Wednesday, May 21, 2014

Come See Worldwide Phenomenon Joel (or Joël) Dicker, author of "The Truth About Harry Quebert" on Tuesday, June 3. The Author will be Reading in French and English and if You're Lucky, You Could Take Home a French Edition of the Book (La Vérité sur l'Affaire Harry Quebert)

I have spent the last two days in a panic, catching up on email. It's a combination of all the RSVPs I received for Book Expo, 99% of which are at the exact same time on Thursday evening, and all sorts of event inquiries that are either on the fence, leaning no, or good on our side, but the publisher is trying to sort things out.

Many events run themselves, but others have all sorts of details to work out. One thing I am hot on for books translated from other languages is for the author to also read in his or her native tongue. This has been very successful working with authors who speak and write in a number of languages, including French, Spanish, Italian, and German. At this point, I'd probably think I could pull off a number more, including Chinese, Arabic, and Korean.

There's only one problem. When it came to our event with Antoine Laurain, author of The President's Hat, it turned out the author thought we had the book and we thought he had it. I thought about downloading the French ebook edition but I could not find a vendor.

I did not want that to happen with Joel Dicker's event for the worldwide phenomenon, The Truth About the Harry Quebert Affair. The book won three literary prizes in French and though the book is completely set in the United States, it was translated from the French by Sam Taylor. So I ordered a copy myself, from Montreal Bookseller Renaud-Bray. The site was completely in French, so I used translation software to make sure I was jumping through all the right hoops. And it worked! I was so pleased.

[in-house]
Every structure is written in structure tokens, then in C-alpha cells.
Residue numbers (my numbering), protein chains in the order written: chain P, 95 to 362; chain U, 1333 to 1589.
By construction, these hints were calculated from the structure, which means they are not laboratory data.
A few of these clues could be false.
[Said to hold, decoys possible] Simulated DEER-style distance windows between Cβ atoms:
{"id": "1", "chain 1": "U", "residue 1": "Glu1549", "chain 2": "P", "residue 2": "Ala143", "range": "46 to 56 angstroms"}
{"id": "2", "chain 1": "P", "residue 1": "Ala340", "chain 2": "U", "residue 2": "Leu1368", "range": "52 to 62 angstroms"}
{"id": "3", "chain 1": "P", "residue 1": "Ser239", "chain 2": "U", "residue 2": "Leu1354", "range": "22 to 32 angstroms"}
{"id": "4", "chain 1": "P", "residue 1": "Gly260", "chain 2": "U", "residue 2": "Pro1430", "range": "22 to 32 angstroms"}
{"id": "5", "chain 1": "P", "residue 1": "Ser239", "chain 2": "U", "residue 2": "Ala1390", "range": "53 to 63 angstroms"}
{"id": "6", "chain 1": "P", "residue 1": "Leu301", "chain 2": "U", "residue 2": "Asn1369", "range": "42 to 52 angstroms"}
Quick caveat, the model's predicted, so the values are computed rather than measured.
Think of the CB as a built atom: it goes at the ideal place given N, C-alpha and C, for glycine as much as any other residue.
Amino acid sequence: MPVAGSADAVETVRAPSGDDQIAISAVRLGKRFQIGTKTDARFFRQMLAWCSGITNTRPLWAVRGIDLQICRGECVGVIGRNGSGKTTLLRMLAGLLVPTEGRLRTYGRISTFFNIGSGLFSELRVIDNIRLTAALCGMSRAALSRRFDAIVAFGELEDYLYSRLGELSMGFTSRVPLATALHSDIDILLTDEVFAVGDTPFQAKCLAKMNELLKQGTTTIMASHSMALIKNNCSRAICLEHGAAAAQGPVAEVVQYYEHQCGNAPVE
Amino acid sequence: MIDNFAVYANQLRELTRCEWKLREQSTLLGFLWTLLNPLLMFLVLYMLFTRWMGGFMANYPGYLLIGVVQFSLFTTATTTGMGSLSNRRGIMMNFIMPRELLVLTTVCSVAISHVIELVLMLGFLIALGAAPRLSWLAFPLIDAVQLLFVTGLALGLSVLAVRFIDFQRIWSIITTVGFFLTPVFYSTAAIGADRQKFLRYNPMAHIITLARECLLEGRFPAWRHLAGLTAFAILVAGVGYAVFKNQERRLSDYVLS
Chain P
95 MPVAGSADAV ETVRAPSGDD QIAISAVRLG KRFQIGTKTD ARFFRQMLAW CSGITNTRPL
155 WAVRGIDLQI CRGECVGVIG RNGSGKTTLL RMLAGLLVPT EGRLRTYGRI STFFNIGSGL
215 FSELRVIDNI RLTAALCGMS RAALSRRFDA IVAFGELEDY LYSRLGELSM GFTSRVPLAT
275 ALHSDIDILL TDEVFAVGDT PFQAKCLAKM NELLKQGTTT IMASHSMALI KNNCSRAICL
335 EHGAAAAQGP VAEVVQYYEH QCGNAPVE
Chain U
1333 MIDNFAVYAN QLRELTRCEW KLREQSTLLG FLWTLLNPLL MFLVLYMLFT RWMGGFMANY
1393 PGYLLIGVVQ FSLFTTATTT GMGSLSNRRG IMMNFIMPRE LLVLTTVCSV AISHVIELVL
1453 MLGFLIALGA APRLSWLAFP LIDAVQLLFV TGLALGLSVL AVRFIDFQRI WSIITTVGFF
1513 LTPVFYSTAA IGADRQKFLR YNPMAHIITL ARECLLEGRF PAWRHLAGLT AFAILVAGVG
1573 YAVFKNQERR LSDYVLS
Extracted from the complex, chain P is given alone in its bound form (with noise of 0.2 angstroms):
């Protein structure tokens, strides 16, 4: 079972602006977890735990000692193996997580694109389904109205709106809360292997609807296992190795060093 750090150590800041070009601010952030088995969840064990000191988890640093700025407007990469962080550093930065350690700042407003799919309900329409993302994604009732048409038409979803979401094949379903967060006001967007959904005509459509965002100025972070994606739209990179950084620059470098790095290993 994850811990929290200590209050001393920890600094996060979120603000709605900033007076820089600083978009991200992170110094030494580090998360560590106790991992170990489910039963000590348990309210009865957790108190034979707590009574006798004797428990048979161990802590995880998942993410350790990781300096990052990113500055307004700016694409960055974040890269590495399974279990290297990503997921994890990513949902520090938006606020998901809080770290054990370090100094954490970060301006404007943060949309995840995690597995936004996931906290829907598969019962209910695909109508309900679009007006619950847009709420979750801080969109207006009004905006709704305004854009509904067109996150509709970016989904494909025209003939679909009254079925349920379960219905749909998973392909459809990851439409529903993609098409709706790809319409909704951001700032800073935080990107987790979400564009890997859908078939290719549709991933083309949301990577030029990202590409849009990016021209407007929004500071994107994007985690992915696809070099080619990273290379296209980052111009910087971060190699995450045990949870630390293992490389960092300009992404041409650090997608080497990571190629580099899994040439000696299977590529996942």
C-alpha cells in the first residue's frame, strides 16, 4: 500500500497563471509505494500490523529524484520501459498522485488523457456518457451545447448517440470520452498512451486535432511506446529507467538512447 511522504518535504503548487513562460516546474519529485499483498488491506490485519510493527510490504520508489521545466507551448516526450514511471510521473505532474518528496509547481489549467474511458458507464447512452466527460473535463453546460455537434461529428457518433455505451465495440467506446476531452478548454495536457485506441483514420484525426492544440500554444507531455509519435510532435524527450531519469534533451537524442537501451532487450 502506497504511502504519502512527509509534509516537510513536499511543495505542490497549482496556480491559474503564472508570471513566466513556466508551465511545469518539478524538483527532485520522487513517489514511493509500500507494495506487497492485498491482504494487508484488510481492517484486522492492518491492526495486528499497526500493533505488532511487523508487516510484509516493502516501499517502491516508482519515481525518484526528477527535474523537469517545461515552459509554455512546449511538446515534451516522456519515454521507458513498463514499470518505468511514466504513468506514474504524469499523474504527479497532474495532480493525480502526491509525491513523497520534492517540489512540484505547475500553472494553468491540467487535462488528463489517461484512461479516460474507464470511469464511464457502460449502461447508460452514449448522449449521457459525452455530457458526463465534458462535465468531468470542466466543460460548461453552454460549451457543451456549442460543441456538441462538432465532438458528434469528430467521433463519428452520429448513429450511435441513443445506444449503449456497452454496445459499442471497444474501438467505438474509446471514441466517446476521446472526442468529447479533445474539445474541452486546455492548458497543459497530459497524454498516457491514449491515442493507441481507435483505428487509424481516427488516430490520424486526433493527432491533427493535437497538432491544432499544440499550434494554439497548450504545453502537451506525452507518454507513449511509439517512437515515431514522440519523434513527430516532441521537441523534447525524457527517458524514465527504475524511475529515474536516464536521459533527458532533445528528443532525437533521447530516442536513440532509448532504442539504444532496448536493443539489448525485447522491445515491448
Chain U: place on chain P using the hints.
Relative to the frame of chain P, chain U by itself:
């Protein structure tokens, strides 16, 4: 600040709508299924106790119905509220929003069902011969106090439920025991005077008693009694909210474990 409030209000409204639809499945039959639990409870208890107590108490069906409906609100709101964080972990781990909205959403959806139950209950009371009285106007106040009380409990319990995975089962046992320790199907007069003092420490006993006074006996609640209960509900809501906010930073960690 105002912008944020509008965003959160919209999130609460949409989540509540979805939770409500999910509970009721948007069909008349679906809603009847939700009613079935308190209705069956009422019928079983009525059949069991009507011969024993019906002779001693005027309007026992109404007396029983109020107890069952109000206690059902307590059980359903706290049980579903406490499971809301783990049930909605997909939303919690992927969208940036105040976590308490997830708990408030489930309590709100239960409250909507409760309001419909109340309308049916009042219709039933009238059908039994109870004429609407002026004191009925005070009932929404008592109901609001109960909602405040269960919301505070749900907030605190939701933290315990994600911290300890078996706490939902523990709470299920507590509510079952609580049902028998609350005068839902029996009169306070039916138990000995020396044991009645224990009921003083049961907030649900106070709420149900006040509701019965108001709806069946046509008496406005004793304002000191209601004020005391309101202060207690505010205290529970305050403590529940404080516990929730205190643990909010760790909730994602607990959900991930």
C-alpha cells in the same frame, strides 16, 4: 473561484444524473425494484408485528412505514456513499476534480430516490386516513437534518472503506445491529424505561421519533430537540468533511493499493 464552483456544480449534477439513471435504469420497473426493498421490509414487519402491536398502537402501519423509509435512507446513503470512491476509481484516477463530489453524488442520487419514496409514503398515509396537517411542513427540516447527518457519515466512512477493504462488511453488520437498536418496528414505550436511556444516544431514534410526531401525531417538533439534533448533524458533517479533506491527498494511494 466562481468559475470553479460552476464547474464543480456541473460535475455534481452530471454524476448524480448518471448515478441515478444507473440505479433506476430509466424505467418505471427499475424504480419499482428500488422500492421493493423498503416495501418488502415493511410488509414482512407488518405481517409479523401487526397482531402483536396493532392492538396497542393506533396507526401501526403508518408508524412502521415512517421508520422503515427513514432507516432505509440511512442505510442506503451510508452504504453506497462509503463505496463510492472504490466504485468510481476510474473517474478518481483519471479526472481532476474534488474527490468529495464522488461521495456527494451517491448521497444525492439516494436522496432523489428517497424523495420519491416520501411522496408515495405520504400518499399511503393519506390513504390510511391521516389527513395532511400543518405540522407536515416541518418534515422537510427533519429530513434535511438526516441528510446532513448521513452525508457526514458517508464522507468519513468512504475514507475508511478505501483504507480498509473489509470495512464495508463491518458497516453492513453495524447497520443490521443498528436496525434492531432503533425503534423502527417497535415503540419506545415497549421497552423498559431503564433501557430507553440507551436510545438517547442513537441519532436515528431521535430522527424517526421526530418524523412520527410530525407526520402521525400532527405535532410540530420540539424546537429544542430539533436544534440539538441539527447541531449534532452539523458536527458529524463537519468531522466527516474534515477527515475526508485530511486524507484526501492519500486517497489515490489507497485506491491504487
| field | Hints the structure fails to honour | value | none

Sharon and Anne both read the book and said it's a very much in the vein of Dan Brown, an entertaining thriller with short chapters, so I think the whole thing is like eating a bag of chips. Remember that old slogan about not being able to eat just one? It's hard to stop.

"All the elements are present in this book for a great summer read--the mysterious disappearance of a beautiful young girl, a successful young novelist searching for the answers, a lovely seaside setting in New Hampshire, and lots, and I mean lots, of suspects. Don't be daunted by the 600+ page count, once you start this intriguing mystery, you will be swept up in the story, and stay with it until the very last page."--Sharon K. Nagel, Boswell Book Company

And look at all this French praise!

“If you dip your toes into this major novel, you’re finished: you won’t be able to keep from sprinting through to the last page. You will be manipulated, thrown off course, flabbergasted and amazed by the many twists and turns, red herrings and sudden changes of direction in this exuberant story.” —Le Journal du Dimanche

“A funny, intelligent, breathtaking book within a book . . . There is a real joy in discovering this extraordinary novel.” —Lire

“A master stroke . . . A crime novel with not one plot line but many, full of shifting rhythms, changes of course and multiple layers that, like a Russian doll, slot together beautifully . . . In maestro form, Dicker alternates periods and genres (police reports, interviews, excerpts from novels) and explores America in all its excesses—media, literary, religious—all the while questioning the role of the literary writer.” —L’Express

“The success story of the literary season . . . An American thriller reminiscent of the best work of Truman Capote.” —Paris-Match

“Dizzying, like the best American thrillers . . . Rich in subplots and twists, moving backwards and forwards in time, containing books within books.” —Le Figaro

There might be  the implication that we might be selling the book in the native language, but we are only selling the English version. That said, we will be having a drawing the night of the event for the French edition, La Vérité sur l'Affaire Harry Quebert. It's a $42 value, if you include the shipping. (The American edition is less than half the price, as it's a paperback original).

Now the other question? Should we umlaut Joël Dicker or not? He is in the French materials, but Penguin has chosen to forgo the dots. Your thoughts on the matter? It's not too hard to include nowadaye, just type "alt235" on a pc and it will probably type correctly. You can let me know at the event, on Tuesday, June 3, 7 pm, at Boswell.

For those of you not in Milwaukee, the American edition of Dicker's novel goes on sale May 27th. I should also note that he's visiting a number of other cities in the USA--here's the tour list. Sharon and Anne also met the author in Chicago and said he was totally charming. If he's got half the charm of Antoine Laurain, it should be a wonderful evening indeed!

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